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Getting Started: Lesser-known utilities

We’ve already explored quite a few Eurorack utilities in this series, but some of the less common types are just as useful as their famous counterparts. Today, we’ll take a look at three types of utilities that aren’t as widely known, but are quite helpful in certain patching situations. 

Comparators and window comparators

Comparators are a tool that create gate signals from incoming CV. The simplest comparator would have a CV input and a gate output, and the gate would go high as soon as the CV input is above a threshold, and goes low when the CV input is below that threshold again. 

Example of comparator output when an LFO is sent in

Most comparator modules add additional features, like offsets, multiple summed inputs, and adjustable thresholds. 

Window comparators add even more to the concept: instead of having a single threshold, a window with minimum and maximum levels activates a gate output. This allows for more complex gate extraction and more flexibility in a patch.

Window comparator output when fed a triangle lfo

Comparators aren’t a common type of module on their own, but they are often included as an extra feature on other modules, like envelope followers.


Minimum and maximum, or analog logic functions, are an interesting way to combine multiple signals. These modules will generally have multiple inputs and a single output, but instead of mixing the inputs together, they will output only the highest signal in the case of analog OR, or the lowest signal in the case of analog AND.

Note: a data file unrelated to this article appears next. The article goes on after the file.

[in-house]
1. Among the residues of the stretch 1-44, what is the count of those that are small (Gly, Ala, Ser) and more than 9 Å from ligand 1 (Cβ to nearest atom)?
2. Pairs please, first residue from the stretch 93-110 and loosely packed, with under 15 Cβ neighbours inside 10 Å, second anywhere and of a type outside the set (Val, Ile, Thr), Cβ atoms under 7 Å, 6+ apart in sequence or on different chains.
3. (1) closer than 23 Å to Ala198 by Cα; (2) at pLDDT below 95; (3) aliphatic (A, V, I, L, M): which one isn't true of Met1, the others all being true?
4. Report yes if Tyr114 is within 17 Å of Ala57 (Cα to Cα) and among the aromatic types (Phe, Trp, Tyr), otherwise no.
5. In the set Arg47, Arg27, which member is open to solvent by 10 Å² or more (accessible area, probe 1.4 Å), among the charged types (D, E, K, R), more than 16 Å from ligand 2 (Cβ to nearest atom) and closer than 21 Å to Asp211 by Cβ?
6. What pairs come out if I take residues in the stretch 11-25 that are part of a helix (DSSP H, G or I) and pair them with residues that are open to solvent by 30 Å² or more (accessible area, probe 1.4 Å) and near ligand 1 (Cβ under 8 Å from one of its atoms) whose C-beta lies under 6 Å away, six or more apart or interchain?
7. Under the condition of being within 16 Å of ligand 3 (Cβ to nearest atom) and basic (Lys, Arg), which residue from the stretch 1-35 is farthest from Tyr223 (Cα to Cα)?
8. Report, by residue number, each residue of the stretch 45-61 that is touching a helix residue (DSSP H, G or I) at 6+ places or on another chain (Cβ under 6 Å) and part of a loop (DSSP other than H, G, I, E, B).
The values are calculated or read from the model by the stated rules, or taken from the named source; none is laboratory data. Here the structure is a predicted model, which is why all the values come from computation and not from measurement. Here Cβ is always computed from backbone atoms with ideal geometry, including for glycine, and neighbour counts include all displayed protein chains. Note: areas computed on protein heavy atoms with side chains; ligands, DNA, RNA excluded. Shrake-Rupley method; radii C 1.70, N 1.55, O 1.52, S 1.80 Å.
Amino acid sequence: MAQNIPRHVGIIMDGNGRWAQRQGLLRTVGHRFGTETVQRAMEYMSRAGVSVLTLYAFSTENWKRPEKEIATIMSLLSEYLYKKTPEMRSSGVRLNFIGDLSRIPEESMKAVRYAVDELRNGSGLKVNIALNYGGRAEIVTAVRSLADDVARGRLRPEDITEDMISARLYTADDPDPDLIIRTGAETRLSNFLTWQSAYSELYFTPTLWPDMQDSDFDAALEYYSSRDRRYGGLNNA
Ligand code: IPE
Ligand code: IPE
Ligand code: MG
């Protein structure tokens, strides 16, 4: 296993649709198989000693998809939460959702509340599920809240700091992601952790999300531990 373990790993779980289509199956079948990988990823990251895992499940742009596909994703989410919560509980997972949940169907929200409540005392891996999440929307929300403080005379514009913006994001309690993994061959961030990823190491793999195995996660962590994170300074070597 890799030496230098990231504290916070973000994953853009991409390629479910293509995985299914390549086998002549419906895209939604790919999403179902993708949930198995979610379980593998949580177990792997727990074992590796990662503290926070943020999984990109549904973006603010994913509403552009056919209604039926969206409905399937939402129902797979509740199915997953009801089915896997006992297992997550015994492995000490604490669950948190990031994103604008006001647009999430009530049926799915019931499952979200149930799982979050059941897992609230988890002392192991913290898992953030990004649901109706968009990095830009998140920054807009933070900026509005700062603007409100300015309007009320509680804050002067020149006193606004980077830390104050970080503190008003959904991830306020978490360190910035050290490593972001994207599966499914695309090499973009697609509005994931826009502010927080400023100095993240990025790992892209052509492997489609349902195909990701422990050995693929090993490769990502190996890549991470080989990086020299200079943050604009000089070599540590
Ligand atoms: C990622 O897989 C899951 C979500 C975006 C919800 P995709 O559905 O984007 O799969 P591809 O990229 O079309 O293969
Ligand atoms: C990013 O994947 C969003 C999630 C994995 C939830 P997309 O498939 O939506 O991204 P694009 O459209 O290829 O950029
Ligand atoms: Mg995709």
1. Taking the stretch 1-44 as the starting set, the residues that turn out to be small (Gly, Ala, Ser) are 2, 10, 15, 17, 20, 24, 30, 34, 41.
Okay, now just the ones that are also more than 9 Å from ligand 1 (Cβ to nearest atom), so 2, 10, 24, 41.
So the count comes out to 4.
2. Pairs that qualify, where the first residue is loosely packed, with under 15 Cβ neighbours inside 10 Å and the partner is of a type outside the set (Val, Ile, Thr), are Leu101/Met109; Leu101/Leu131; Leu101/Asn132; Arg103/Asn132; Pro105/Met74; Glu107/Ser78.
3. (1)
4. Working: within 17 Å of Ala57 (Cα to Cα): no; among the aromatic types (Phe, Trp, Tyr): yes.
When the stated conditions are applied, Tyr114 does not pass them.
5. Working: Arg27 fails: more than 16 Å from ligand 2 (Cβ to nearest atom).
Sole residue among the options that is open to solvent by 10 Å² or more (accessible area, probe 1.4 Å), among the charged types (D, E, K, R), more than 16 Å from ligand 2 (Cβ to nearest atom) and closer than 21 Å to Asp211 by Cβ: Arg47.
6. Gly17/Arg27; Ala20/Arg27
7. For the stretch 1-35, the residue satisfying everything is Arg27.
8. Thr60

The result of two envelopes fed into analog OR and AND processors

Analog OR outputting the maximum of its input signals is particularly fun: as an example, it’s possible to create an ADSR curve out of an AD envelope and an ASR envelope by routing them through an OR.

Trigger delays 

Trigger delays are a very straightforward utility that take in a trigger input, wait a fixed amount of time, then output the trigger. Most trigger delays have a fixed output pulse width, but a few, like our Jam Jam, take gate length into account when delaying the signal. 

Trigger delays are fun for creative uses (like adding some off-the-grid feel to a patch), and are sometimes helpful for solving latency issues in long CV-processing chains.

Input and output of a trigger delay

Most audio-delay effects are AC coupled, meaning that they can’t process trigger or CV signals. A few DC-coupled delays exist that can be used on any type of signal, to interesting effect. 

Suggested modules

Joranalogue Compare 2: A dual-channel window comparator and logic module. 

Jam Jam: A trigger-processing utility, including an extensive trigger delay mode.

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